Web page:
Legion-8.jpg


Normally, you would not need to ever remove the battery tube from the head. In my case, the light arrived with the spring disconnected from the control ring, so I had to open it up to take a look. :whistle:

Legion-9.jpg


The control mechanism is due to a sturdy spring that coils around the head several times. It is fixed within the body of the head at one end (closest to the emitter), and is free-floating at the other end. If you look inside the control ring external cover piece on the left above, you will see there’s a hole (around 3 o’clock) where the free-floating end of the spring slips into. This had come loose on my sample and needed to be re-attached. Neo informed me that he didn’t want to glue it in place on my sample, since he figured I would want to disassemble the light.

With everything in place, you can twist the control right left or right about an eight of a full turn in either direction. Switching is controlled by a rapid turn-release (see below for a discussion of the UI).

Legion-7.jpg

Legion-3.jpg


The Legion II comes with a very deep OP reflector. This is likely to result in good throw and narrower overall spillbeam width.

One comment – consistent with the custom-built nature of this light, there are few things to look out for here. Although the parts seem to be of high quality, there is a fair amount of noticeable dust and smudges on the inside of the lens of my light. :sigh: While cosmetically unappealing, this doesn’t really affect the beam in any measurable way. However, it is not a good idea to leave it in there, as the dust could dislodge and potentially damage the reflector or emitter. Unfortunately, I haven’t been able to get the bezel ring unscrewed yet – it is stuck on there pretty tight. I haven’t tried my strap wrenches yet, but the old underside-of-a-mousepad trick didn’t work (it simply shredded my mousepad).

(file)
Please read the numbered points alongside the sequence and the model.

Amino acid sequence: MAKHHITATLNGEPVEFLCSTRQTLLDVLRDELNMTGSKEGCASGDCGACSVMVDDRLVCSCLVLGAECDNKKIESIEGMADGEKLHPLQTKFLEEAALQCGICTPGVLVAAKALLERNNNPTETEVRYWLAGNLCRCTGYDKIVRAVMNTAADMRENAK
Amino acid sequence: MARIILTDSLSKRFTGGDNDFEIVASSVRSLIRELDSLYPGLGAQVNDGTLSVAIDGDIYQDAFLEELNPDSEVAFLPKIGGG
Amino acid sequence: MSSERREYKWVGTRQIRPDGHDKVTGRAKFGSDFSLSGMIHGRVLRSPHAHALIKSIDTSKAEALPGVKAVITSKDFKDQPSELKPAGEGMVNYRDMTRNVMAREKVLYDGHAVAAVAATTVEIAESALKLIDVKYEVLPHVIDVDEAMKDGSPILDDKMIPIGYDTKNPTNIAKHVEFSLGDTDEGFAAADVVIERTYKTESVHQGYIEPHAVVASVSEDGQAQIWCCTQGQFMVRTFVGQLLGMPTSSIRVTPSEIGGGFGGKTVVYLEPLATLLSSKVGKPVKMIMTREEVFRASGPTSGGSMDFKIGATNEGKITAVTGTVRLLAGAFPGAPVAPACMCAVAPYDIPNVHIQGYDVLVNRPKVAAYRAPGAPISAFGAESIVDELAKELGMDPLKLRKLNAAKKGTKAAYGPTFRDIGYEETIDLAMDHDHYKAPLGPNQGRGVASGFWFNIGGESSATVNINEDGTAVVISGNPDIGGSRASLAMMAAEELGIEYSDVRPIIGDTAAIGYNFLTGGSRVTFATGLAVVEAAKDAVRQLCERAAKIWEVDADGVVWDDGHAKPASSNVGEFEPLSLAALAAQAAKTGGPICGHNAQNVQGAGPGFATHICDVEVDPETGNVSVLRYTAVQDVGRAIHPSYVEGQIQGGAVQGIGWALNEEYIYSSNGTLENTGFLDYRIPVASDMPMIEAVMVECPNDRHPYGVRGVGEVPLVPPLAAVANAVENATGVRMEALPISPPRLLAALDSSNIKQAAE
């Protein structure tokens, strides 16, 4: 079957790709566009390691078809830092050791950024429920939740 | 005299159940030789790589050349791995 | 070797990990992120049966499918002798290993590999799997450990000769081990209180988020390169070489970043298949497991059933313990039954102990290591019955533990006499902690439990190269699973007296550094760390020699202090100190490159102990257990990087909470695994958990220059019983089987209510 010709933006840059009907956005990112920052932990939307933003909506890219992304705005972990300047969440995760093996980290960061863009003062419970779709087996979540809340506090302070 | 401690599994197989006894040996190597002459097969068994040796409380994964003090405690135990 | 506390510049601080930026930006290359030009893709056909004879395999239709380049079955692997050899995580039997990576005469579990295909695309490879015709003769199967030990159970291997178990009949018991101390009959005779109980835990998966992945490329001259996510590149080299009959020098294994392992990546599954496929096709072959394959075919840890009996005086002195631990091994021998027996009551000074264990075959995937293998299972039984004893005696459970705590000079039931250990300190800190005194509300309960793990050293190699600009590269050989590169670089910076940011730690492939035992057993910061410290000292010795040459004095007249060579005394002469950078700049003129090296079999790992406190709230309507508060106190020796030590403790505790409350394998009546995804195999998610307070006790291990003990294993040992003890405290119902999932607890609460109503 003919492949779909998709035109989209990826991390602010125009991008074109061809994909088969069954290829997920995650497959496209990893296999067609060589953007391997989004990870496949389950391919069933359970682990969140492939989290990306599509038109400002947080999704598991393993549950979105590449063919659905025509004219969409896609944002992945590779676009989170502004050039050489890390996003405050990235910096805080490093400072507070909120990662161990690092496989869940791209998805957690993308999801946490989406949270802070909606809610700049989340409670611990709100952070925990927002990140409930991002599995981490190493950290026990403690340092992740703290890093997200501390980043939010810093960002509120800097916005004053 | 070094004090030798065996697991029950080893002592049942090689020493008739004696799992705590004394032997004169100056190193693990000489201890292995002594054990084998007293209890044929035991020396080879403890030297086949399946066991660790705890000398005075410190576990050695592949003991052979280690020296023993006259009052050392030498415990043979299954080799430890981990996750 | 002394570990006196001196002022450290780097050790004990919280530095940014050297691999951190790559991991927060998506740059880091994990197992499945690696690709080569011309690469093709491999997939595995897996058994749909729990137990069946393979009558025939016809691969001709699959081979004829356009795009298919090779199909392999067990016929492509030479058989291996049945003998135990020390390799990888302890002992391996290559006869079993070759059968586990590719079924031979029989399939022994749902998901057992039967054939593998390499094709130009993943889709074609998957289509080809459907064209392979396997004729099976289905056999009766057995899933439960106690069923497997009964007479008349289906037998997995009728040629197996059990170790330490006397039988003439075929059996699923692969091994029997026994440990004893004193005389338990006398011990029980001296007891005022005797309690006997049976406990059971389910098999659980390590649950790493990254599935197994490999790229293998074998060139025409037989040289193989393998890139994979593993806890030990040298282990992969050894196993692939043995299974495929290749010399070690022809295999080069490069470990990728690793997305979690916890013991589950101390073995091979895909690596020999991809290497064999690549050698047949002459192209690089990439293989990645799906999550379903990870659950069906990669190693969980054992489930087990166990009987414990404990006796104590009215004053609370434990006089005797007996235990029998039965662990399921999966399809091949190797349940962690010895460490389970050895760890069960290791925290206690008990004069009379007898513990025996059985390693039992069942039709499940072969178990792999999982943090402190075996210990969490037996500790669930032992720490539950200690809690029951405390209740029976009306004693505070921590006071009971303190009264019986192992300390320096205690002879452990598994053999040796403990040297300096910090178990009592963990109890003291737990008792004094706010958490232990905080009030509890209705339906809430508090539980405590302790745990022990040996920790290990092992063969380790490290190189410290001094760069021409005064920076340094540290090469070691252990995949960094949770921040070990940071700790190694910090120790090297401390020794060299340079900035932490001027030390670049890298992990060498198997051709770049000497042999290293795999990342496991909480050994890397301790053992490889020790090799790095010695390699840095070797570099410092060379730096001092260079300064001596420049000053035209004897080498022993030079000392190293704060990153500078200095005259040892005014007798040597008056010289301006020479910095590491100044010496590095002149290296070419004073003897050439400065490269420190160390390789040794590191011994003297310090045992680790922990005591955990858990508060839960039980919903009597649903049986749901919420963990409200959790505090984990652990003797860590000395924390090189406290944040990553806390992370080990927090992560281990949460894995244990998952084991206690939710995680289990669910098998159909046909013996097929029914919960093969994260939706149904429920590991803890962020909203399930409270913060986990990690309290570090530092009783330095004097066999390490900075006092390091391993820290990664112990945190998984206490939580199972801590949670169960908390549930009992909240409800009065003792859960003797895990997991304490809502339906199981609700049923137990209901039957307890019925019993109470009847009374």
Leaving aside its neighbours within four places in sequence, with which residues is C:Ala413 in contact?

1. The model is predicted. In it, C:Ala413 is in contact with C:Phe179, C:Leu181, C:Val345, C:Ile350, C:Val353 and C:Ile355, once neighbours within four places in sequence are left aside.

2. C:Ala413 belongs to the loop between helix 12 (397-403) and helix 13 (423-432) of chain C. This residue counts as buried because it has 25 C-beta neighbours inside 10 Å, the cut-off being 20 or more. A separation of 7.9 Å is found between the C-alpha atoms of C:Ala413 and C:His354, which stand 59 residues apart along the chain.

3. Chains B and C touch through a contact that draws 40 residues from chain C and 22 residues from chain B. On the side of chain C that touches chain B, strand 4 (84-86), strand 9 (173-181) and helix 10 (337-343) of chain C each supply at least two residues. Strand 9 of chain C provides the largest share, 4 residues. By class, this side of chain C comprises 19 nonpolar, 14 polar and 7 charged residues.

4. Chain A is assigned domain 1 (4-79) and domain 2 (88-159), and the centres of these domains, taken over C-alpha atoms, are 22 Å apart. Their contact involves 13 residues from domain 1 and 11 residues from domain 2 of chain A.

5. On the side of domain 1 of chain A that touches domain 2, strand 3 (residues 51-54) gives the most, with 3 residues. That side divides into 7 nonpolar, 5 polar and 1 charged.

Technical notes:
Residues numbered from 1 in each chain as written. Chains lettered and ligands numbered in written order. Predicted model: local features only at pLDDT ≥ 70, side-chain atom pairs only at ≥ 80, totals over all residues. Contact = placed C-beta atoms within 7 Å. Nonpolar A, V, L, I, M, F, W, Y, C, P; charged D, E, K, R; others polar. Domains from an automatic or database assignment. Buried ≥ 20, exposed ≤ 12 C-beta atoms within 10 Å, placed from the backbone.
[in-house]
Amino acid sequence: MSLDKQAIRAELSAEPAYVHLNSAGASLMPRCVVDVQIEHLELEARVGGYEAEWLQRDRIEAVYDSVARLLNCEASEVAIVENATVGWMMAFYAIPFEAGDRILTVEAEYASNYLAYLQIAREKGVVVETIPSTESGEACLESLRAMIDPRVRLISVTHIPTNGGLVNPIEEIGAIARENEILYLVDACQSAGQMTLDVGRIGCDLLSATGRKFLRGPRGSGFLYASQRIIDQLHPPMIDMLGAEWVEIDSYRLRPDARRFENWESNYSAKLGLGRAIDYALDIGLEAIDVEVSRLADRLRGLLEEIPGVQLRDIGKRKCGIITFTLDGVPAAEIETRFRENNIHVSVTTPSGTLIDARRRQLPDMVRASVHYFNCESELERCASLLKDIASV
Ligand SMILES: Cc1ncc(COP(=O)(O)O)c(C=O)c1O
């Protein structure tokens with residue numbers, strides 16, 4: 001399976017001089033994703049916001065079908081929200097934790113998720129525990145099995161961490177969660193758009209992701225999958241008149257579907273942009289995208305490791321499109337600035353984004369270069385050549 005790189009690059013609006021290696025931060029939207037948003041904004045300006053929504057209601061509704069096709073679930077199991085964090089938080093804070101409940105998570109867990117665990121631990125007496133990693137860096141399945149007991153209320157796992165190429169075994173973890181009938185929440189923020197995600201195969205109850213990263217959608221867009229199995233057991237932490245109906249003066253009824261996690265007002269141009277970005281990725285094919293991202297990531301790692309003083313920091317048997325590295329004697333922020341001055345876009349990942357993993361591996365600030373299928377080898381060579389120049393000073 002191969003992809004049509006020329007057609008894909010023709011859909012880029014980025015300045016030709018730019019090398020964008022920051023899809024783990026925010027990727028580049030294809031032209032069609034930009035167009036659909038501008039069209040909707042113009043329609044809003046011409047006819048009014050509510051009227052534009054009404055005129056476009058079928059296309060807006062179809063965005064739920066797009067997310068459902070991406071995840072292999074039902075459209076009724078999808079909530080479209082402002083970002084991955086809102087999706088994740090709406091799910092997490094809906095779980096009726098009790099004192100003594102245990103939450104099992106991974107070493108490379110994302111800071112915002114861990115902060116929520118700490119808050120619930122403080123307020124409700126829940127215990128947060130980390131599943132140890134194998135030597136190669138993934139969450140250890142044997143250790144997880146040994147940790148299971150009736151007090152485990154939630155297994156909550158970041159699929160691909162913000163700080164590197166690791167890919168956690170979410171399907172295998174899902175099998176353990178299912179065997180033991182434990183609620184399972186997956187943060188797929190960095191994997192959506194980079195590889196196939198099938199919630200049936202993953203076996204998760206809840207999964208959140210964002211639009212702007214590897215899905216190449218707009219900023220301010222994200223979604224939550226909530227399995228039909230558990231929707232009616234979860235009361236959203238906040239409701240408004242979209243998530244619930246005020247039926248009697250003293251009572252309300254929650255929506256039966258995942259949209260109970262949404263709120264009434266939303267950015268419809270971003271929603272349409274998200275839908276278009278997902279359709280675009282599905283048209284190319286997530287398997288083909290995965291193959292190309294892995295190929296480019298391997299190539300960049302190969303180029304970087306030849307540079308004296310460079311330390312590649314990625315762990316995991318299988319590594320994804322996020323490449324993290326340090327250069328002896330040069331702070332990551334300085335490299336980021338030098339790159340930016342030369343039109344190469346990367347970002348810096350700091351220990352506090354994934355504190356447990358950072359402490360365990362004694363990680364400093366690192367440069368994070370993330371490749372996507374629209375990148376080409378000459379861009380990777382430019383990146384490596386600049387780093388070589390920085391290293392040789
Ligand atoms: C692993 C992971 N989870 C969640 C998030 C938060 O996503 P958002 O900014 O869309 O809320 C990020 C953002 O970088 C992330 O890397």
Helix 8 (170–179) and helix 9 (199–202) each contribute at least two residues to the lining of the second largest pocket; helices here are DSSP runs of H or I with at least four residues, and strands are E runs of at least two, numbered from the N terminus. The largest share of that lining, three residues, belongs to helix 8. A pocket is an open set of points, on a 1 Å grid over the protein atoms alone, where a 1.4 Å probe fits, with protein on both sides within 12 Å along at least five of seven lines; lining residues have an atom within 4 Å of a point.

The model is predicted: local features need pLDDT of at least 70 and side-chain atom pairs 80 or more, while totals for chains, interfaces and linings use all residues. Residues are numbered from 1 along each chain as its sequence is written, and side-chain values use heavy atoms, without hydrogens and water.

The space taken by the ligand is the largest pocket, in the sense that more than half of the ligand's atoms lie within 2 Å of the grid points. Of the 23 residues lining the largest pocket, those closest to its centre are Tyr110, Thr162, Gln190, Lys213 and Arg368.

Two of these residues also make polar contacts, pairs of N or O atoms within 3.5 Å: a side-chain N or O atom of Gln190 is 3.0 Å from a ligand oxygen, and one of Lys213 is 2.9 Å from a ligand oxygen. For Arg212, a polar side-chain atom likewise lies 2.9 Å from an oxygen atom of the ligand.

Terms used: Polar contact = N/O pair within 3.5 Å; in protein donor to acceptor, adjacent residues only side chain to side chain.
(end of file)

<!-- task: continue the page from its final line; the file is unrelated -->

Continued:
Here are some comparison beamshots, taken on Max on 18650 AW protected Li-ion. Distance is about 0.5 meters from a white wall.

Legion-Beam25.jpg

Legion-Beam100.jpg

Legion-Beam800.jpg

Legion-Beam1600.jpg


I chose the JetBeam M1X as a direct comparator, since it also has a deep reflector (although in the M1X’s case, this is combined with a wider and shallower front opening to provide wider spill as well).

Although taken at a different exposure setting (and therefore not directly comparable in output to the two lights above), the two EagleTac M2 lights should give you an idea size-wise as to how a 3xCree (M2XC4) and a fairly typical MC-E light (M2C4) spillbeam patterns compare.

M2C4-Beam1.jpg

Legion-Beam25.jpg


The point here is that the Legion II spillbeam width is narrower than a typical MC-E/P7 light – it’s even a bit narrower than what you find in a multi-emitter setup like the M2XC4. This means that all of the light is distributed over a narrower area – resulting in a narrower but brighter spillbeam. Note that the actual spill area is quite acceptable in width for the real world.

Also as expected, center-beam throw is very good – nearly as high as my M1X. But the Legion II reflector design seems to be doing a much better job minimizing the “donut hole” and cross-hatching appearance of the quad-die emitter. :eek:oo:

Unfortunately, I haven’t had the chance to take outdoor beam shots yet (still to come … :whistle:). But personally, I find this beam pattern to be very pleasing outdoors. The narrower spill beam means that the periphery of what you are looking at is actually much better lit up than with many of the other quad-die setups.

User Interface

The Legion II uses a variation of the same user interface found on the earlier Spartanian II. Although this fairly unique UI may seem complex at first, it is actually quite simple and quickly becomes intuitive.

Simply put, the light has two set states that you can program - and either one can be accessed directly from off. The light uses a spring-activated control switch, accessed by twisting the middle section of the light. Below, I will describe the standard arrangement for right-handed lights. Apparently, neoseikan can provide lights with circuits customized for left-handed use (i.e. reversed hand-operation of the switching described below).

For momentary-on at either of the two set levels, simply twist the mid-section to the left or right and hold it there. The left and right positions are the two set-able states of the light. Release the mid-section, and the light shuts off.

If you hold the light in the on position for more than a few seconds, the light will flash briefly to indicate it is set to remain on once you release the switch. The time required varies for two sides - about 5 secs for the left position, about 1 sec for the right. This is apparently deliberate so that you can set one level for momentary on without an immediate lock-on (i.e. to the left), and one level to quick lock-on (i.e. to the right). But personally, I would prefer the same time for both sides.